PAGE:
High yield bonds, CLOs top menu for 2013, says veteran
11 December 2012
By Hui Ching-hoo
US-based asset manager Neuberger Berman considers high yield (HY) bonds and collateralised loan obligations (CLOs) preferable choices in 2013 in view of expected sluggish US economic growth and low interest rates.
Neuberger Berman’s managing director Daniel Doyle tells Asia Asset Management that they forecast the return on HY bonds to stand between 6% and 9% in 2013, mainly stemming from the 6.5% coupon clipping, plus return on principal stemming from slow economic growth.
“We are looking at a lower than normal default rate of around 2%, against the historical default rate of around 4%-plus,” says Mr. Doyle. “We’re comfortable with this because maturities are very low, having been pushed out to 2018 thanks to the refinancing of HY bond and bank loan markets in the previous four years.”
Mr. Doyle expects GDP growth to linger somewhere between 1- 2%.
On the bank loan front, Mr. Doyle forecasts yields at 5% to 8% in terms of coupon plus return. Such solid returns are mainly attributable to the healthy issuance calendar, with new issues of HY bond and bank loans expected to total US$500 billion in 2013.
Meanwhile, CLOs are finally returning to favour, having suffered four years in the dog house following their devastating contribution to the global financial crisis (GFC). Approximately $45 billion of CLO deals have been priced this year. Improved structures have turned views on the CLO market around, says Mr. Doyle, who expects there to be around $60 billion to $70 billion of new issuance in the coming year.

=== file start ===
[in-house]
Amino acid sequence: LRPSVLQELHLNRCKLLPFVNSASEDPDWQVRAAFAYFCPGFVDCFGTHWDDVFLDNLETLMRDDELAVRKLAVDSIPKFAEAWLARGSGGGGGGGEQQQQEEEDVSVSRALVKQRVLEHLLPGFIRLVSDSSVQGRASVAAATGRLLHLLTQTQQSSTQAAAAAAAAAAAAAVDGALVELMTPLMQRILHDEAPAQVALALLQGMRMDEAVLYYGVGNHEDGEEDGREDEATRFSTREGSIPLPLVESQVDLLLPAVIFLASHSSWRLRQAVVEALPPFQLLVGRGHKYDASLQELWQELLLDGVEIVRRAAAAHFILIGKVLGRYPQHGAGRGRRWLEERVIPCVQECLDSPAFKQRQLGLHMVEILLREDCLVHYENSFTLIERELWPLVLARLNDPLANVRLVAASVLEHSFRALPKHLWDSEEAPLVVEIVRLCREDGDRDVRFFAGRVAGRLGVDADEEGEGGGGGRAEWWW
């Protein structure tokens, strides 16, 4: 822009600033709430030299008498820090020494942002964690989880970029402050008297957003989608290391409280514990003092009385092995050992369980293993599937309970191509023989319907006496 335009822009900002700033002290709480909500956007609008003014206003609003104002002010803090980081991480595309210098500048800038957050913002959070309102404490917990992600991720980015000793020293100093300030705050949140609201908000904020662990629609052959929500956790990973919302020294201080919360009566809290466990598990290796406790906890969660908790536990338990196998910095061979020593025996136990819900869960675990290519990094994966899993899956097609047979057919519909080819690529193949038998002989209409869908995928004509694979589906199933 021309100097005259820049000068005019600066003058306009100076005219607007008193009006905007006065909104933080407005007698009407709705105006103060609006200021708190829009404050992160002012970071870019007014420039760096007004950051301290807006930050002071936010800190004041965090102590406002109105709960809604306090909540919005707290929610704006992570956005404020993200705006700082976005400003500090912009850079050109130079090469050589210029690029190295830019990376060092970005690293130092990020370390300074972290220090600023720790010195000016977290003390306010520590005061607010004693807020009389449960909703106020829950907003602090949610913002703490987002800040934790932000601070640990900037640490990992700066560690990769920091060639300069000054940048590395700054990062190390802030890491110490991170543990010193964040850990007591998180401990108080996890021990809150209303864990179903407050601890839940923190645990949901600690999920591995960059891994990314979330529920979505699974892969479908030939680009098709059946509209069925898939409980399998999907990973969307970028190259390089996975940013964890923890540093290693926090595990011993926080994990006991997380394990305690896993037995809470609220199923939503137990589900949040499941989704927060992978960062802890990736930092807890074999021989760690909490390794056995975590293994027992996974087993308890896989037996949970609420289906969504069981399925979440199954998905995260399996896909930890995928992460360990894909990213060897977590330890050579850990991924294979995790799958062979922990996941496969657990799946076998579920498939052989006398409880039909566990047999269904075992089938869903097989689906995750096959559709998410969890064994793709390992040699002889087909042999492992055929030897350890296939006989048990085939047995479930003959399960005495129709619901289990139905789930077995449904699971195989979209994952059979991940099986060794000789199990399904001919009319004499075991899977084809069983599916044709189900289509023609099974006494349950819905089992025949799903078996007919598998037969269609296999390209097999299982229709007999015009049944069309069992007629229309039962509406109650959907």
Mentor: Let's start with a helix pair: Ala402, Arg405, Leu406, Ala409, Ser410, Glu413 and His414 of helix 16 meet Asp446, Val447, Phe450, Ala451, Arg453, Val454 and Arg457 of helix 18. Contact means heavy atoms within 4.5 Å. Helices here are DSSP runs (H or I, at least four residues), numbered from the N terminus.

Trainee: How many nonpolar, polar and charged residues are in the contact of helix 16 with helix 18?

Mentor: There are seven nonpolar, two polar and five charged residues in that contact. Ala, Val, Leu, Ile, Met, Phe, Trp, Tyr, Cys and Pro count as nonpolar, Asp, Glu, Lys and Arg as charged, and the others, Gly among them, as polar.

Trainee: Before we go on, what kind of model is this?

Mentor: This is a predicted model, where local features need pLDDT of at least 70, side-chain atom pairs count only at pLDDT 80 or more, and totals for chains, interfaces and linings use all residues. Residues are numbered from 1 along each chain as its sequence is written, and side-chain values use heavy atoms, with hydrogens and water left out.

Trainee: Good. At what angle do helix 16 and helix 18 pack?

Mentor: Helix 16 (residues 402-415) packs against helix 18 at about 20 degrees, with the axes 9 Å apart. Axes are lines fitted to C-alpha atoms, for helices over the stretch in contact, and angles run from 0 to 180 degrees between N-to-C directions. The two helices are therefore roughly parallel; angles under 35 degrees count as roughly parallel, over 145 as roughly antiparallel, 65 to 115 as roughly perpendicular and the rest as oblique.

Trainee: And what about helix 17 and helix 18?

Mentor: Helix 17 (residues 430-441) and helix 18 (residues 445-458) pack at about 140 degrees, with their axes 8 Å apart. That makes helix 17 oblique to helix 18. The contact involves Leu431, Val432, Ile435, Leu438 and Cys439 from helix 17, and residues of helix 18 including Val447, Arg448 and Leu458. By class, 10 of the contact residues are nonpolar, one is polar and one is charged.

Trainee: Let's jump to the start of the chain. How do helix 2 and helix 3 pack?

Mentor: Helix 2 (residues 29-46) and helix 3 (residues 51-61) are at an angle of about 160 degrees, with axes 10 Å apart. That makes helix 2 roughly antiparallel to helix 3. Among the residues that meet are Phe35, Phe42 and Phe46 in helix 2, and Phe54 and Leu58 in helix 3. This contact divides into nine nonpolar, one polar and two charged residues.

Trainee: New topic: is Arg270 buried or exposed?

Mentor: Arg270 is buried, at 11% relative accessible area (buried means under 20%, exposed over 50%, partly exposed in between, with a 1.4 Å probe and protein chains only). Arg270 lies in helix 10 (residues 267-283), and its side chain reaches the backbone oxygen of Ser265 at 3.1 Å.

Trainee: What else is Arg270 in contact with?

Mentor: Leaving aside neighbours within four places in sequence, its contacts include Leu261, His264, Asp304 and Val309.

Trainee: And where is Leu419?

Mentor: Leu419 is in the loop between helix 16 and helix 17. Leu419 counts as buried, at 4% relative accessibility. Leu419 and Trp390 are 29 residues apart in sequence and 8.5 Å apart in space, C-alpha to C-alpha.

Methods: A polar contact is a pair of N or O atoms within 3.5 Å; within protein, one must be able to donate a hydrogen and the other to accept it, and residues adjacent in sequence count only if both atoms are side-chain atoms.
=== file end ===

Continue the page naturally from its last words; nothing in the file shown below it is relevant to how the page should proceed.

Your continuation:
Mr. Doyle says that the US ten-year treasury yield will rise to around 2% next year. Compared to other fixed income assets, such as investment grade bonds, HY bonds are less sensitive to rate hikes. As such, they will perform well in the forecast environment of marginal interest rate gains.
He revealed that the HY bond fund is mainly structured toward US HY, plus up to 3% exposure to Europe. It has a 15-year history of outperforming the benchmark index, switching from low-quality to high-quality bonds during periods of market volatility.
Although total returns on HY bonds reached 13%-14% this year, the trend is unlikely to carry through to 2013 as spreads have been tightening significantly, he says.
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